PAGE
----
LiveAuctionTalk.com Highlights John Wayne Memorabilia in its Weekly Free Article Rosemary McKittrick offers in-depth information about the world of art, antiques and collectibles. Visit her site and sign up for a free weekly subscription. Photo courtesy of High Noon.
News-Antique.com - May 07,2007 - May 7, 2007-- John Wayne worked as a prop man for William Fox Studios for two years at $35 a week before getting his big acting break in 1930.
Director Raoul Walsh discovered the 23-year-old. Walsh decided the name Marion Robert Morrison seemed too sissified so John Wayne was born, named after Revolutionary War general “Mad Anthony” Wayne.
In his debut film “The Big Trail” Wayne played a wagon train scout heading west from Missouri to Oregon. At the start of the talkies, it was the first widescreen western epic.
Wayne’s pay was raised to $75 a week for the film. The studio’s stuntmen coached him in horseback riding and the ways of a cowboy, Wayne’s acting skills seemed instinctive.
“He stepped down off his horse and gave me that lopsided grin which was to become one of his trademarks. How did I do, Mr. Walsh? He was confident in himself by this time and looked as if he knew the answer,” Walsh said.
Through more than 200 films over 50 years, Wayne rode the range into the hearts of millions. He was the ideal father figure. Moviegoers couldn’t get enough.
"When I started, I knew I was no actor and I went to work on this Wayne thing," he said. "It was as deliberate a projection as you'll ever see. I figured I needed a gimmick, so I dreamed up the drawl, the squint and a way of moving meant to suggest that I wasn't looking for trouble but would just as soon throw a bottle at your head as not. I practiced in front of a mirror."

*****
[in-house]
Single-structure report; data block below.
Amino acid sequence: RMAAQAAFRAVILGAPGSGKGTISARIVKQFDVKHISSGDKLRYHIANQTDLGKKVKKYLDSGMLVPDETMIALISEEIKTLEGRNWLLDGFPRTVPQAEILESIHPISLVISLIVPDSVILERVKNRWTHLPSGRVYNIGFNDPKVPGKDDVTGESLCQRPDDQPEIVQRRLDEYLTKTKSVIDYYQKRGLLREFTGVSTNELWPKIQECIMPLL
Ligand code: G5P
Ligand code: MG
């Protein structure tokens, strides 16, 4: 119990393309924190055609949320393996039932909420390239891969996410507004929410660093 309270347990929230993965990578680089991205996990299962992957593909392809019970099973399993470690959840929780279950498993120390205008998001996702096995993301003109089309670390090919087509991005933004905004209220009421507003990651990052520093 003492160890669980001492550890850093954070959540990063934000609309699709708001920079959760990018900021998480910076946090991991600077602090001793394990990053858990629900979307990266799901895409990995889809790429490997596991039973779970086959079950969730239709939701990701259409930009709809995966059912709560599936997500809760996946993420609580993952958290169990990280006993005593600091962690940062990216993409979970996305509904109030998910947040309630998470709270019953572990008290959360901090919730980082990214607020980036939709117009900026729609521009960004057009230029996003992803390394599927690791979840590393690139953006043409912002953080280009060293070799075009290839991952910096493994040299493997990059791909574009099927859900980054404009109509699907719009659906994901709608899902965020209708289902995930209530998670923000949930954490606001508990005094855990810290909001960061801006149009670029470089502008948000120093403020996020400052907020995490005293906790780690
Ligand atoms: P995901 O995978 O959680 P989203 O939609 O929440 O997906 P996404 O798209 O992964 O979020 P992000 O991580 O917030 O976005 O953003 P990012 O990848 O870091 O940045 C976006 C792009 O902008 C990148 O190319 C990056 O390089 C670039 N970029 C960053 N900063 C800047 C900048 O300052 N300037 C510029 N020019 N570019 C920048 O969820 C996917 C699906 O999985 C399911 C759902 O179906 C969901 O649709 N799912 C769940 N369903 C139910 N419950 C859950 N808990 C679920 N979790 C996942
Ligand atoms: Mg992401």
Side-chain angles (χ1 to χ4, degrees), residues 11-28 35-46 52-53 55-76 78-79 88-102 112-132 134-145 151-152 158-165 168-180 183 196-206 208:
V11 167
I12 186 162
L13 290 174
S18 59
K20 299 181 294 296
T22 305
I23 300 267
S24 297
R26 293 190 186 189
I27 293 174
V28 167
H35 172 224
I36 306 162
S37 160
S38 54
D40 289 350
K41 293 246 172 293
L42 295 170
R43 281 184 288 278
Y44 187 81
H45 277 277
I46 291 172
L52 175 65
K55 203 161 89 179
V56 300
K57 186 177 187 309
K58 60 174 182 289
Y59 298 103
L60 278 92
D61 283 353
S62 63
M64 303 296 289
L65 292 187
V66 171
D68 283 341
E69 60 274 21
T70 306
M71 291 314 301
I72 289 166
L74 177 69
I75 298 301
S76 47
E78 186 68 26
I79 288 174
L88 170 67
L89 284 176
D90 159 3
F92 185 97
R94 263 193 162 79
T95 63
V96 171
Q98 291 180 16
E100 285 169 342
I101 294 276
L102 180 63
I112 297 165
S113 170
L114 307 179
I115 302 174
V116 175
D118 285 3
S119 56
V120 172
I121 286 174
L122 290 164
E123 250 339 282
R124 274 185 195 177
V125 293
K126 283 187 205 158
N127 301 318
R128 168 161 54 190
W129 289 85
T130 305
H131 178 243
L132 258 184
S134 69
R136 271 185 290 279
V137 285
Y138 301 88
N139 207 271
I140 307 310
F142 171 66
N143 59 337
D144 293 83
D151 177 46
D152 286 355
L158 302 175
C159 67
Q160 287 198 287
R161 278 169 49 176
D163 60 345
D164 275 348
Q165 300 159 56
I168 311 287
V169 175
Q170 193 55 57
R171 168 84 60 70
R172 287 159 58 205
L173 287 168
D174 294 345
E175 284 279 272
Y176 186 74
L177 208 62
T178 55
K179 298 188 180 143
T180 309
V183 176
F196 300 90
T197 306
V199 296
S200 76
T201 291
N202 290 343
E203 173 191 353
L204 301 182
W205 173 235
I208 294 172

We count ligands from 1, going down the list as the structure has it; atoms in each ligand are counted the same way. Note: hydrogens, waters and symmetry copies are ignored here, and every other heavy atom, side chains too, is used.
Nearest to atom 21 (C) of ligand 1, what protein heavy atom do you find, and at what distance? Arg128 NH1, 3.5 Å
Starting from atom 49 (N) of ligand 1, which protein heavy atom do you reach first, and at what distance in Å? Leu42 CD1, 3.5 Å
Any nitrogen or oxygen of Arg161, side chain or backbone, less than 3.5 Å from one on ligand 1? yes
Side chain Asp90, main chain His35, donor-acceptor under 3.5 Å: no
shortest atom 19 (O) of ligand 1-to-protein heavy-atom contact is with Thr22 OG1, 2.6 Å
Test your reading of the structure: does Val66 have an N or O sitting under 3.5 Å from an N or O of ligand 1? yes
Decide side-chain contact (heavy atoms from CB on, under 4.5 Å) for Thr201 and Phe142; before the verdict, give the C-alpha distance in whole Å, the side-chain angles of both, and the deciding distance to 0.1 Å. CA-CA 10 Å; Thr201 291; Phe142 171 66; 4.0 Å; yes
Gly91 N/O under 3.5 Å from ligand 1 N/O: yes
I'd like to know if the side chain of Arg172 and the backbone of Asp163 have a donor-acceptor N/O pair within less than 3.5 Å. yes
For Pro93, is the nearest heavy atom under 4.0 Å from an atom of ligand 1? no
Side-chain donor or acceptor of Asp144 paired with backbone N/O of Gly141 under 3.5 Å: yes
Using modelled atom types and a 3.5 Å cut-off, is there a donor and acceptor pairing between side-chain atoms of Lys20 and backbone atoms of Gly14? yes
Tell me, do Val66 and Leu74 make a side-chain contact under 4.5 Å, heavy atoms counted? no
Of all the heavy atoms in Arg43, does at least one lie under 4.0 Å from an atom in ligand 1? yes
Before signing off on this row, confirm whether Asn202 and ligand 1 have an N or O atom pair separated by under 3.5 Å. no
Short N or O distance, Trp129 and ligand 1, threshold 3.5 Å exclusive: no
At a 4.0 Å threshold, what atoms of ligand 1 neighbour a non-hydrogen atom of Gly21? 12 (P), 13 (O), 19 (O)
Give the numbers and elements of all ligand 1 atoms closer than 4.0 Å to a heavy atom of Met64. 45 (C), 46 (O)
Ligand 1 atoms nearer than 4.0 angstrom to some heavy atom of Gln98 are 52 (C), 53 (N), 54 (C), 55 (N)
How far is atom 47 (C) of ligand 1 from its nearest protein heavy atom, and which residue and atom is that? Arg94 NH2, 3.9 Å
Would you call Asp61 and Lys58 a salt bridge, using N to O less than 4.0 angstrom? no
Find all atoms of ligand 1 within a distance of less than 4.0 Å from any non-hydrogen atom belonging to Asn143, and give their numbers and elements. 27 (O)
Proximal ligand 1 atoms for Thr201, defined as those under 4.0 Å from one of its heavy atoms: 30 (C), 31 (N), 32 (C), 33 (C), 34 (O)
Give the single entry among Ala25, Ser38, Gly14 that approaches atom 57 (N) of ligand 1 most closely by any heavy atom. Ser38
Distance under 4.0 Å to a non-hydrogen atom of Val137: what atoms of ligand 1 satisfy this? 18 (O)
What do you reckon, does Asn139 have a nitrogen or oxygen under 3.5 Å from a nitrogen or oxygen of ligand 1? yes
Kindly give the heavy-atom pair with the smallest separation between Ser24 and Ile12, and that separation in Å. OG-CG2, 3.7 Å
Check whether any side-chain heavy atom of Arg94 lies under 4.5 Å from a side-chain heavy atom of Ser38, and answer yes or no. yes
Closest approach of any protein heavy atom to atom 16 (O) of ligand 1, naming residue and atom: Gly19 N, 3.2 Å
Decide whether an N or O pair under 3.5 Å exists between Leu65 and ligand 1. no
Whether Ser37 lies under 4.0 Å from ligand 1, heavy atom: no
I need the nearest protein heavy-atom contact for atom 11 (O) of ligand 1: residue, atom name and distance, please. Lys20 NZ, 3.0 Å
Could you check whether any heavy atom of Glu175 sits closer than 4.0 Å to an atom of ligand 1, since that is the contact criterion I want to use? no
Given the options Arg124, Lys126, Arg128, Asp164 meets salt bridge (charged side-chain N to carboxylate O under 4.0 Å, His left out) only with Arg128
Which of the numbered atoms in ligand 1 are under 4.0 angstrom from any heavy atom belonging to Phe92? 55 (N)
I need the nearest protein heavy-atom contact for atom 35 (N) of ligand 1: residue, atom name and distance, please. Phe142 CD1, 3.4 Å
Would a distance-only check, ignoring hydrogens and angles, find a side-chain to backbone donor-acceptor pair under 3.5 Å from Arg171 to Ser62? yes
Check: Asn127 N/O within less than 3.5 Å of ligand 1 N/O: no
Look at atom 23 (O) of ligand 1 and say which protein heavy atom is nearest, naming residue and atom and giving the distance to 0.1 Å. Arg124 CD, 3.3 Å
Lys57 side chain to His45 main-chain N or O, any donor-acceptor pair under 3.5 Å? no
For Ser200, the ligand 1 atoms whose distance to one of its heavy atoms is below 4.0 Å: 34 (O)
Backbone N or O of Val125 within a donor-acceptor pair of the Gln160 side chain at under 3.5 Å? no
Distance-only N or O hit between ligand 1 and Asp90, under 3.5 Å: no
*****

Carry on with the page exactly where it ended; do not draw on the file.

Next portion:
Wayne won a best actor Oscar for the western, "True Grit," in 1969. In his final 1976 film, “The Shootist” Wayne played an aging gunslinger who, like himself, finds himself dying of cancer.
Everything that has to do with western stars is going to be collectible, especially John Wayne. There are people out there who’ll buy just about anything related to him.
The Remington New Army 1861 revolver Wayne used in his first starring role in “The Big Trail” went on the block on Jan. 20 at High Noon Western Americana auction held in Phoenix, Ariz. It sold for $51,750.
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